Volume 17, Issue 5, October 2007

Editor:  Laura M. Bies
Reporters: Jennie Miller and Rachel Peacher

Get The Wildlife Policy News (v17, i5) as a single PDF file.

Wildlife Policy News is intended to foster the exchange of information about policy issues among Society leaders.  The opinions expressed herein are those of the authors and do not necessarily reflect official policy of The Wildlife Society unless so stated.  Please share this publication with your colleagues.  Contents may be reprinted with credit to Wildlife Policy News.  We welcome comments and suggestions for future issues ( This e-mail address is being protected from spam bots, you need JavaScript enabled to view it ). 

 In this Issue:



Forest Service Releases EIS for New Planning Rule 

The United States Forest Service (USFS) has been attempting to revise its forest-planning rule for several years.  In response to lawsuits brought by environmental and industry groups in 2000, the USFS proposed new versions of the rule in 2002, 2004, and 2005, but has yet to finalize a rule.

In March 2007, the U.S. District Court in San Francisco enjoined the United States Department of Agriculture from implementing the USFS’s 2005 planning rule until it complies with the National Environmental Policy Act (NEPA), the Endangered Species Act, and the Administrative Procedure Act.  To fulfill the court’s requirements, the USFS released a draft environmental impact statement (EIS) on 23 August for public comment.

The planning rule determines how 155 national forests and 20 national grasslands develop their individual management strategies.  These documents, called forest plans, control all activities on USFS lands, from wildlife management and vegetation protection to timber harvest.

The EIS presents 5 alternatives, largely comprised of previously proposed planning rules:

  • Alternative A is the 2005 rule, and contains disputed aspects such as an ecosystem-oriented species management system, allowances for bypassing EIS analysis, and installation of an Environmental Management System (EMS) to evaluate impacts on the environment. 
  • Alternative B would follow the 2000 rule currently in place, which uses viability assessments for species management decisions and establishes scientific advisory boards to incorporate science. 
  • Alternative C consists of the 1982 rule and is the only alternative that mandates a minimum amount of management action as a separate category section.  However, it includes outdated species management requirements and contains less emphasis on public involvement than the more recent rules.
  • Alternative D is identical to the 2005 rule, except that it excludes the EMS. 
  • Alternative E is similar to the 2005 rule, but omits the EMS and expands the descriptions of measurable standards, timber management requirements, and specifications for lands not suitable for timber production and harvest, three areas that received copious feedback from the public.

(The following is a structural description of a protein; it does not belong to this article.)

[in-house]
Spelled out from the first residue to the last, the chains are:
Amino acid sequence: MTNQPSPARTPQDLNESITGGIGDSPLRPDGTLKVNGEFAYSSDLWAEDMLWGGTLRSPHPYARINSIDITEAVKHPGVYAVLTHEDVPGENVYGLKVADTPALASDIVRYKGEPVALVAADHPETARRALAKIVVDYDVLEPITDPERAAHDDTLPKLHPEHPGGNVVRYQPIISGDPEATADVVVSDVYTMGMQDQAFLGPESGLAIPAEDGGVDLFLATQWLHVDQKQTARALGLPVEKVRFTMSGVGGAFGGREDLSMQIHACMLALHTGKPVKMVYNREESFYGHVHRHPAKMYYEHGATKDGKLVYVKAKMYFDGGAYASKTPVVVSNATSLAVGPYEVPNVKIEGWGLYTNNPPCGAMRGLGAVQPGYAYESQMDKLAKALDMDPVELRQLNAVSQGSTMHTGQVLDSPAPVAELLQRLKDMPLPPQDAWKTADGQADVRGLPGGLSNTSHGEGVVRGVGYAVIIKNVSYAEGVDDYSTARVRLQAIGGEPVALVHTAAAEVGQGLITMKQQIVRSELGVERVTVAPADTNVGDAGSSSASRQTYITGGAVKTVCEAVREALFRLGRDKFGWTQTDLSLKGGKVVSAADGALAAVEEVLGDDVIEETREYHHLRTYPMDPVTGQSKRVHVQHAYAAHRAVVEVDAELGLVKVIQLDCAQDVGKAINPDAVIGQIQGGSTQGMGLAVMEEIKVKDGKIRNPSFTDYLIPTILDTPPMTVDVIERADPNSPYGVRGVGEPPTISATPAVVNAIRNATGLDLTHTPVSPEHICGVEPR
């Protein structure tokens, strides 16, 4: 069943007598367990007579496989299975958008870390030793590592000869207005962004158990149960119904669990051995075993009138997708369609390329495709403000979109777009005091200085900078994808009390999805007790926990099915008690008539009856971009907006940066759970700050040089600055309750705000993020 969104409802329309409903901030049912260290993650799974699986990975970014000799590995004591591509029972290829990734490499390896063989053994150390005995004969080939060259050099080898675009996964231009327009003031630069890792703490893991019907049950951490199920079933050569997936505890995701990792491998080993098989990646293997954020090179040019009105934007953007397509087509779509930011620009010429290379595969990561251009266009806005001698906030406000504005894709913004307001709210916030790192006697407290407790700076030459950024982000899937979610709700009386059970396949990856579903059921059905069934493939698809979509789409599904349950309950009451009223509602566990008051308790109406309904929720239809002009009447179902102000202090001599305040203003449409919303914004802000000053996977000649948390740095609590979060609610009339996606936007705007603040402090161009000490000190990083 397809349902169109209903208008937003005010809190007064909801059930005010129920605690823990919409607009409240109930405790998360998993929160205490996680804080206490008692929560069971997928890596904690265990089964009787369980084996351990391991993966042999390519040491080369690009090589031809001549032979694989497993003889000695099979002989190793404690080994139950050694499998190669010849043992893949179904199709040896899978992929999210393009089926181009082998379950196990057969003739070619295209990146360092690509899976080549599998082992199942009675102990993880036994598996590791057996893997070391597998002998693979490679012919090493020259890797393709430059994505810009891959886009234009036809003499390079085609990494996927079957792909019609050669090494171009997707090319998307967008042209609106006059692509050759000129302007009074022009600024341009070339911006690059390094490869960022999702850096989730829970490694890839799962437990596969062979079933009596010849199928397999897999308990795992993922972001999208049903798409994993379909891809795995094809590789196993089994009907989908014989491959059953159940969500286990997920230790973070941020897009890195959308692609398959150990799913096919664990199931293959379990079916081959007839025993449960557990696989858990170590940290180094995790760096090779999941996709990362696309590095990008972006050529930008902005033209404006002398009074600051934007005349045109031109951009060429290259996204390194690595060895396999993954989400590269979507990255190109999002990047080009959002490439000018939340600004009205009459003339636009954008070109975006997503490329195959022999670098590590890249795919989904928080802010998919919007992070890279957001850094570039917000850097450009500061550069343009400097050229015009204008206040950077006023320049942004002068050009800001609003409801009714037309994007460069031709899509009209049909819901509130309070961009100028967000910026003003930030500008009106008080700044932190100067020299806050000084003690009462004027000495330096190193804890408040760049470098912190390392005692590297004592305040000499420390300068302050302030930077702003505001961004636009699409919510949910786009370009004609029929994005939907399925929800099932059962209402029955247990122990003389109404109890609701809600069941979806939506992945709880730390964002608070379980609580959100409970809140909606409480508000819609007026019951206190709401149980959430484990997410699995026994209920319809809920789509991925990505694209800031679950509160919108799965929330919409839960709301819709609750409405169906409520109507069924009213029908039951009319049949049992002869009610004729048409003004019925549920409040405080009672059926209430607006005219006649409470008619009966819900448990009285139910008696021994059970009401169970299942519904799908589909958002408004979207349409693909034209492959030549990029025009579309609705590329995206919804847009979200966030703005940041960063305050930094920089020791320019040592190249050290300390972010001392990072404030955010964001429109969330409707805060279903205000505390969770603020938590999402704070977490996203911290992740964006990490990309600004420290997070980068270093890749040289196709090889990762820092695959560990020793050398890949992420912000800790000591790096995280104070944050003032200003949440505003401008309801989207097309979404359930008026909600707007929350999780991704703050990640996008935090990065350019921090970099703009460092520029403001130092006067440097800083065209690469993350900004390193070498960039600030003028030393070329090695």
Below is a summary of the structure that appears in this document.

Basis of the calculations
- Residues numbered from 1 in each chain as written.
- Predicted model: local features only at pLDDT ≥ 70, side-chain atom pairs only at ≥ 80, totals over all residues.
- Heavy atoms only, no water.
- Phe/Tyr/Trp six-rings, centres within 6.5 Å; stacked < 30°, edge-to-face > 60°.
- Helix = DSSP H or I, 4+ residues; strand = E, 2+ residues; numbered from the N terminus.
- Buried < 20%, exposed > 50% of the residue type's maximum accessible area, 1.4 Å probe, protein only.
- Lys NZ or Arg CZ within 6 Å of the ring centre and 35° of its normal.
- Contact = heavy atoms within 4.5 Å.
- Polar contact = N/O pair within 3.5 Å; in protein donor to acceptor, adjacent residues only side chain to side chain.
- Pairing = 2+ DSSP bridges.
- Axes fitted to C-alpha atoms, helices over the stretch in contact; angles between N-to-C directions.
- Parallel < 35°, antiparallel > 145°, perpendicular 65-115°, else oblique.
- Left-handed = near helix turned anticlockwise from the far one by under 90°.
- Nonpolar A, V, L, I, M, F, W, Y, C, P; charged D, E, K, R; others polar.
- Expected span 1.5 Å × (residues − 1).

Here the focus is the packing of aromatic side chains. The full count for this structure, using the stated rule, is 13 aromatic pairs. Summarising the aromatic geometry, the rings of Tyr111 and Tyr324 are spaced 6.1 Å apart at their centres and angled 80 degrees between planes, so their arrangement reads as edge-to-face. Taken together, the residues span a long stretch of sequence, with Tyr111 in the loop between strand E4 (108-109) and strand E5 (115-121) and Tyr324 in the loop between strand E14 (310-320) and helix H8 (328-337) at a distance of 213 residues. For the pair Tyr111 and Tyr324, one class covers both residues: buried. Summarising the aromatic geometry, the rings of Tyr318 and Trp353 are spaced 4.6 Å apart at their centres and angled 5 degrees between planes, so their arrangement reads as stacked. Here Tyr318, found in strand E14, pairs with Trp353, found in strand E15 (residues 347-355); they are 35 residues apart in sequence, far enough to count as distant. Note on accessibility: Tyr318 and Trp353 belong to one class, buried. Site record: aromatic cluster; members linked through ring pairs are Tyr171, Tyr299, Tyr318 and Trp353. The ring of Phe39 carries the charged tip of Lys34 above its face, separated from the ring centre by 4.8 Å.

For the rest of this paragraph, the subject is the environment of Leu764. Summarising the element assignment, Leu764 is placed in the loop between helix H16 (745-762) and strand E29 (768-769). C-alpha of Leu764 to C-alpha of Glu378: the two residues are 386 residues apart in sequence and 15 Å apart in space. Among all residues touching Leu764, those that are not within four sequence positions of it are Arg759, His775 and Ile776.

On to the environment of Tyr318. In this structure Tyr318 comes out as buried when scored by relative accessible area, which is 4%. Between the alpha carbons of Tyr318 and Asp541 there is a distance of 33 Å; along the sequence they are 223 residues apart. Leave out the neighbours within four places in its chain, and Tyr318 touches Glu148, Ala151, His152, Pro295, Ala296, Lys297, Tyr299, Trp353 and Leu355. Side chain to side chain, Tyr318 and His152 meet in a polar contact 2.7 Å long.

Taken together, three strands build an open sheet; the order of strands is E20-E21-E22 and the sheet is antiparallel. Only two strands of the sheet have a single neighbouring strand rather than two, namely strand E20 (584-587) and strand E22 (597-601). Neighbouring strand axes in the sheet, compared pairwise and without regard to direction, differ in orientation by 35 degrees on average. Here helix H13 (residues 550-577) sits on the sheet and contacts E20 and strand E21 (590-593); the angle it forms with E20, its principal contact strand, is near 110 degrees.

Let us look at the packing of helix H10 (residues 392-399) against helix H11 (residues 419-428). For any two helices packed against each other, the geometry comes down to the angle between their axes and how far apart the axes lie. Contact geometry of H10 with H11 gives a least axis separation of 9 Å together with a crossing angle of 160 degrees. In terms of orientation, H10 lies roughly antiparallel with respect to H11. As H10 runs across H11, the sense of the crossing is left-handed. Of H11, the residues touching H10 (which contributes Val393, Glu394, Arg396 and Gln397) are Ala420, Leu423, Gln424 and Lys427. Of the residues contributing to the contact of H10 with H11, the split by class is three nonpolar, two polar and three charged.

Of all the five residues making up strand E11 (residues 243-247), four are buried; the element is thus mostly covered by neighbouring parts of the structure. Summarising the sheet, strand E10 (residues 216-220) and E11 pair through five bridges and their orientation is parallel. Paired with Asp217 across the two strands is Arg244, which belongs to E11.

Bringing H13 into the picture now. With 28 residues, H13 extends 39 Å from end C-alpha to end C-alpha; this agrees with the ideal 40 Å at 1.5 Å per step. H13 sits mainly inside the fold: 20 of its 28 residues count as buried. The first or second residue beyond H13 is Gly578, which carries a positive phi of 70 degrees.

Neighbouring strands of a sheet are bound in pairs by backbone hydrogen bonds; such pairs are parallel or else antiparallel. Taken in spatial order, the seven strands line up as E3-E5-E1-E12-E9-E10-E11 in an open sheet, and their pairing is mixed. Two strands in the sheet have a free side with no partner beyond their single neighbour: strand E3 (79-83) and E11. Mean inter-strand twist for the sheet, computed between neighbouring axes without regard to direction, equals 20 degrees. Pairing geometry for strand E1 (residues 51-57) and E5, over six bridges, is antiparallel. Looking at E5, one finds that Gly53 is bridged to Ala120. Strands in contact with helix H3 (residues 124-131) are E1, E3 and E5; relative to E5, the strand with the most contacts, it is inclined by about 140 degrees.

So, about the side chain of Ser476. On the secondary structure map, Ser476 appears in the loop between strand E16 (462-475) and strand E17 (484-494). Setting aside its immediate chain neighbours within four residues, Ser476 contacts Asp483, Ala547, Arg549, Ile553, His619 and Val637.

Some environmental groups maintain the proposed rule places too much emphasis on decisions at the project level rather than at the broader planning level.  Supporters, such as the American Forest Resource Council, disagree, arguing that the USFS can make more comprehensive decisions at the project level than at a theoretical landscape level.

To parallel the proposed planning rule modifications, the USFS is proposing changes to its NEPA procedures to make EIS studies address real decisions rather than merely preventing litigation, as has been the tendency in the past.  Changes include moving NEPA procedures from the agency handbook to a federal regulation, reducing the list of actions that require an EIS, requiring the analysis of cumulative effects of proposals such as timber sales, and implementing ‘adaptive management’ practices.

Comments on the EIS will be accepted until 22 October 2007.  The draft is available for review at http://www.fs.fed.us/emc/nfma/2007_planning_rule.html.

Sources: USDA Forest Service, E&E Publishing, LLC (Land Letter, Greenwire)



Draft Ivory-billed Woodpecker Recovery Plan Released

The U.S. Fish and Wildlife Service recently released a draft recovery plan for the ivory-billed woodpecker, which was thought to be extinct until research scientists announced sightings in 2004 and 2005. 

Birds have been spotted in the Cache River National Wildlife Refuge in Arkansas, as well as in South Carolina and Florida.  The woodpecker has not yet been photographed, although poor-quality video footage has been obtained.  Because of this, some ornithologists debate whether the birds sighted were indeed the ivory-billed woodpecker or its more common relative, the pileated woodpecker. 

The last confirmed sighting of the ivory-billed woodpecker was in a cut-over Louisiana forest during 1944 but the species was not listed as endangered until 1967.  Although logging and disturbed contiguous forest habitat were associated with its disappearance, no recovery plan was developed at that time.

The new draft recovery plan recommends population and habitat surveys and modeling to assess whether the Cache and White river basins in Arkansas can support recovery populations of the species.  Additional “recovery actions” include education and outreach as well as managing public activities in other habitat areas where the woodpecker has been observed.  The recovery program is estimated to cost $28 million over a period of five years.